10 questions to ask mortgage lenders
How much can I borrow to buy a home?
When determining how much you can borrow, lenders may consider your income level compared with debt, your employment status and your credit history. Talk to a lender about getting prequalified for a mortgage before you start shopping for your new home.1 This can make the whole experience go more smoothly.
Military veterans and first-time homebuyers may be eligible for special government-sponsored mortgage programs. Ask your lender what you might qualify for.
How much money do I need to put down?
To get the best rate and terms for your loan, try to put down at least 20 percent of the purchase price. Although a lower down payment won’t necessarily disqualify you, there is a chance that a monthly private mortgage insurance (PMI) payment will be added if your down payment is lower than 20 percent. Your down payment will affect other variables as well, such as your interest rate, terms and monthly payments. Ask your lender for more information about the minimum down payment required for your loan and if you might be eligible for any down payment or cost-saving assistance programs, and decide what’s right for you. The Affordable Loan Solution® mortgage from Bank of America can help eligible borrowers with modest incomes secure a home loan with a down payment as low as 3 percent and no PMI required.2
What’s the interest rate?
Right off the bat, you should ask your lender for a direct interest rate quote, as well as the corresponding annual percentage rate (APR) for the loan. Since the APR accounts for fees and other loan-related charges, it gives you an apples-to-apples comparison among lenders. Don’t be afraid to shop around until you find one you’re comfortable with.
What’s the difference between a fixed-rate and an adjustable-rate mortgage?
A fixed-rate mortgage keeps the same interest rate for the life of the loan, typically a 15- or 30-year term. This keeps your monthly payment for principal and interest steady and predictable over time. Adjustable-rate mortgages, or ARMs, have interest rates that change based on the market, so your payment will go up and down. Most ARMs are based on a 30-year term and typically start with an initial fixed interest rate for a specific period of time, usually 5, 7 or 10 years. It’s important to compare these two types of mortgages to find what’s best for your situation.
How many points does the rate include?
A point is a fee paid to the lender at closing in exchange for a reduced interest rate. (1 point = 1% of your total mortgage amount.) Be sure to ask your lender how many points are included in the quoted interest rate and what the benefits might be to buying more or fewer points.
When can I lock in the interest rate?
Interest rates always fluctuate. Sometimes, locking in a low rate can really pay off. Ask your lender when you can lock down a particular rate, and for how long. Keep in mind, lenders will usually offer lower interest rates for shorter-term locks and higher interest rates for longer-term locks.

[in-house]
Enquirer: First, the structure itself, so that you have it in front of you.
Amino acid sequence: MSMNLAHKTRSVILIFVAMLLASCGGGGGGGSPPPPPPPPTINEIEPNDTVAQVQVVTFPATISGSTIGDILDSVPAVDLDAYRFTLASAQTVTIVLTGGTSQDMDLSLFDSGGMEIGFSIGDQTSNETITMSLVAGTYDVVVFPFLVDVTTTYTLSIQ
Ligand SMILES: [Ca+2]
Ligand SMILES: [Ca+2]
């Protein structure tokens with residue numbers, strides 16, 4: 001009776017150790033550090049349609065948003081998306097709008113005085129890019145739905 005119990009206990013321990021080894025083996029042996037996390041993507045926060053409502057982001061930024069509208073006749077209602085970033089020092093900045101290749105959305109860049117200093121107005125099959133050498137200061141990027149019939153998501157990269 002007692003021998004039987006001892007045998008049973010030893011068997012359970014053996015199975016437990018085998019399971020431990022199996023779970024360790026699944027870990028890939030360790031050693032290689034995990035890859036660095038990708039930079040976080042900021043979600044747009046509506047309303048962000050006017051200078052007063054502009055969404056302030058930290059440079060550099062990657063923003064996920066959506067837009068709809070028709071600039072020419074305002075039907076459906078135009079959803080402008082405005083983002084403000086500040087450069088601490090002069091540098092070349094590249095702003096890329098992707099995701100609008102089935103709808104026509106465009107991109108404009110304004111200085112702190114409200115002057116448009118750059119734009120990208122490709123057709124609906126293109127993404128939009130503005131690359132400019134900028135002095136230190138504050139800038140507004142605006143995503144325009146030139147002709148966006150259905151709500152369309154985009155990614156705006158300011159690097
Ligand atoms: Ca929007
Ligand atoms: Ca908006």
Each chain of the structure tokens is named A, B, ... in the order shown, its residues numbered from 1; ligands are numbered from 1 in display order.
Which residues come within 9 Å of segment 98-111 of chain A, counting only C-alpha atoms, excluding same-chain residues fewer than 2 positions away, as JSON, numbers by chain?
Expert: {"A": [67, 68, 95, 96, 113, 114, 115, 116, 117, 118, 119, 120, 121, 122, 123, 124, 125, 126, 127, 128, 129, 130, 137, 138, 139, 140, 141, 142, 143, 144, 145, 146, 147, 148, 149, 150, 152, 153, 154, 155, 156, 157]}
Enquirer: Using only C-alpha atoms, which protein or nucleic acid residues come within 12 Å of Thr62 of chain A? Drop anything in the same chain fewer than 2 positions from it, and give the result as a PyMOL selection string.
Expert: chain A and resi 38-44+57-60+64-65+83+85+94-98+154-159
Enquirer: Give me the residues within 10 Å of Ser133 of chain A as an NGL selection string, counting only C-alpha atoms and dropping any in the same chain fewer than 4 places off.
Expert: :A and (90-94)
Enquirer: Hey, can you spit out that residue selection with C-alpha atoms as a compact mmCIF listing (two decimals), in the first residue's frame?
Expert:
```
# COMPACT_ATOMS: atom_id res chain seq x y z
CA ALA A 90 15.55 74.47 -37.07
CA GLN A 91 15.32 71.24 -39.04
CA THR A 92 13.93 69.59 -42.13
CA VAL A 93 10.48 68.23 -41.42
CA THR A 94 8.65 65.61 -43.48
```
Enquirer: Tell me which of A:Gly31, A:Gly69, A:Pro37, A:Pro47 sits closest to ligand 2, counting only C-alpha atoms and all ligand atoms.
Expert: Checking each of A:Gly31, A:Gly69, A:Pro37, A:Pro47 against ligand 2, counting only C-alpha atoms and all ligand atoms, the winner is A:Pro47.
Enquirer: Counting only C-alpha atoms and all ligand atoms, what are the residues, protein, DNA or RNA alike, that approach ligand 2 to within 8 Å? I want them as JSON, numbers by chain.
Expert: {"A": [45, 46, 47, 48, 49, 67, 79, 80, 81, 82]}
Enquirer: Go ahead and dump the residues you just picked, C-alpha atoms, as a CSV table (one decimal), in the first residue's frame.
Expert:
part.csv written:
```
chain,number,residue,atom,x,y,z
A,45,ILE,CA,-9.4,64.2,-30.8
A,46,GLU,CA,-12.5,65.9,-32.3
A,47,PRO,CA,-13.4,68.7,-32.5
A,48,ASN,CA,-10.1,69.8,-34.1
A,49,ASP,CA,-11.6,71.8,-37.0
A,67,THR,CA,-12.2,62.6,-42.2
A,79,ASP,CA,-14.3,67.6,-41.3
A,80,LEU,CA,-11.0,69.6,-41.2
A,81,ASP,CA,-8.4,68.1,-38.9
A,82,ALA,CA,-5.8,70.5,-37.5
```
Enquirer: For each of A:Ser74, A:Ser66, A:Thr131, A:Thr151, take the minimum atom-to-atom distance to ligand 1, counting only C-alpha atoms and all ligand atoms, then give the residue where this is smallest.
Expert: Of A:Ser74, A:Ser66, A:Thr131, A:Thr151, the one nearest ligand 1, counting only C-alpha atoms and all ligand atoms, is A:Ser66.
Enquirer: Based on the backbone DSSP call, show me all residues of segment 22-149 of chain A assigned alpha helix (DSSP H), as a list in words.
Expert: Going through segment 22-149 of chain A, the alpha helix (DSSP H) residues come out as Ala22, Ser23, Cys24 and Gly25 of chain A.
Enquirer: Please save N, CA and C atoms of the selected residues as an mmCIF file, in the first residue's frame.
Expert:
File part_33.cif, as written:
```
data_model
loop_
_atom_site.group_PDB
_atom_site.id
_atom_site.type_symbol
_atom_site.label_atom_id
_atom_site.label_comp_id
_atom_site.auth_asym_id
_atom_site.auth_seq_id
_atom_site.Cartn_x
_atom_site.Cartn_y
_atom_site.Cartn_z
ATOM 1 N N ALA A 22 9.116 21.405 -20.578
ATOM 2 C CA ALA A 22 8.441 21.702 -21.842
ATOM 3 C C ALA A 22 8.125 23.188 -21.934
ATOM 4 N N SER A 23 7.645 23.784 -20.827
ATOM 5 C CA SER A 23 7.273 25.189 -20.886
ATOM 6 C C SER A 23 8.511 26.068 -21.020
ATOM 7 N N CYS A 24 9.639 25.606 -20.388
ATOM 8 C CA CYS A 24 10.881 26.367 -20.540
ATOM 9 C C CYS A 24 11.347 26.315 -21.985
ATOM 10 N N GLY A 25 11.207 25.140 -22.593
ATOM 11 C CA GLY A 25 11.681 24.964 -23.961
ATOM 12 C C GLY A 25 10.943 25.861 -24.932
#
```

What are my estimated closing costs?
Remember to factor in the various fees associated with buying a home—particularly closing costs. Closing costs include loan-origination fees, appraisal fees and attorney fees (if any), to name a few. Your lender should provide you with a Loan Estimate form showing the approximate costs of your loan so you can budget accordingly.
Are there any other costs or fees I should know about?
The more information you can collect up front, the more prepared you’ll be should you run into any unexpected expenses along the way. To help you understand the various fees you’ll need to cover, your lender should give you a Closing Disclosure form detailing all the costs associated with your loan. It’s a good idea to compare the Closing Disclosure to the Loan Estimate.
Can you estimate when the closing will be?
A lot of factors help determine when your exact closing date will be—many of which are completely out of your control. Ask your lender for an estimate of when you might expect to close. That way you’ll at least have a rough idea of the timetable you’re working with.
Is there anything that could delay my closing?
Yes, buying a home is a complex process with many stages and requirements. While delays are normal, the best way to avoid them is to stay in touch with your lender and provide the most up-to-date documentation as quickly as you can. Bank of America customers can use the Home Loan Navigator to help manage their mortgage application.
- Pre-qualification is neither pre-approval nor a commitment to lend; you must submit additional information for review and approval.
- Available for fixed-rate purchase loans with terms of 25 or 30 years and on primary residences only. Certain property types are ineligible. Borrower(s) must not have an individual or joint ownership interest in any other residential property at time of closing. Maximum purchase loan-to-value is 97% and maximum combined purchase loan-to-value is 103%. For loan-to-values >95% any secondary financing must be from an approved Community Second Program; ask for details. Homebuyer education may be required. Restrictions apply regarding co-borrowers. Maximum income and loan amount limits apply.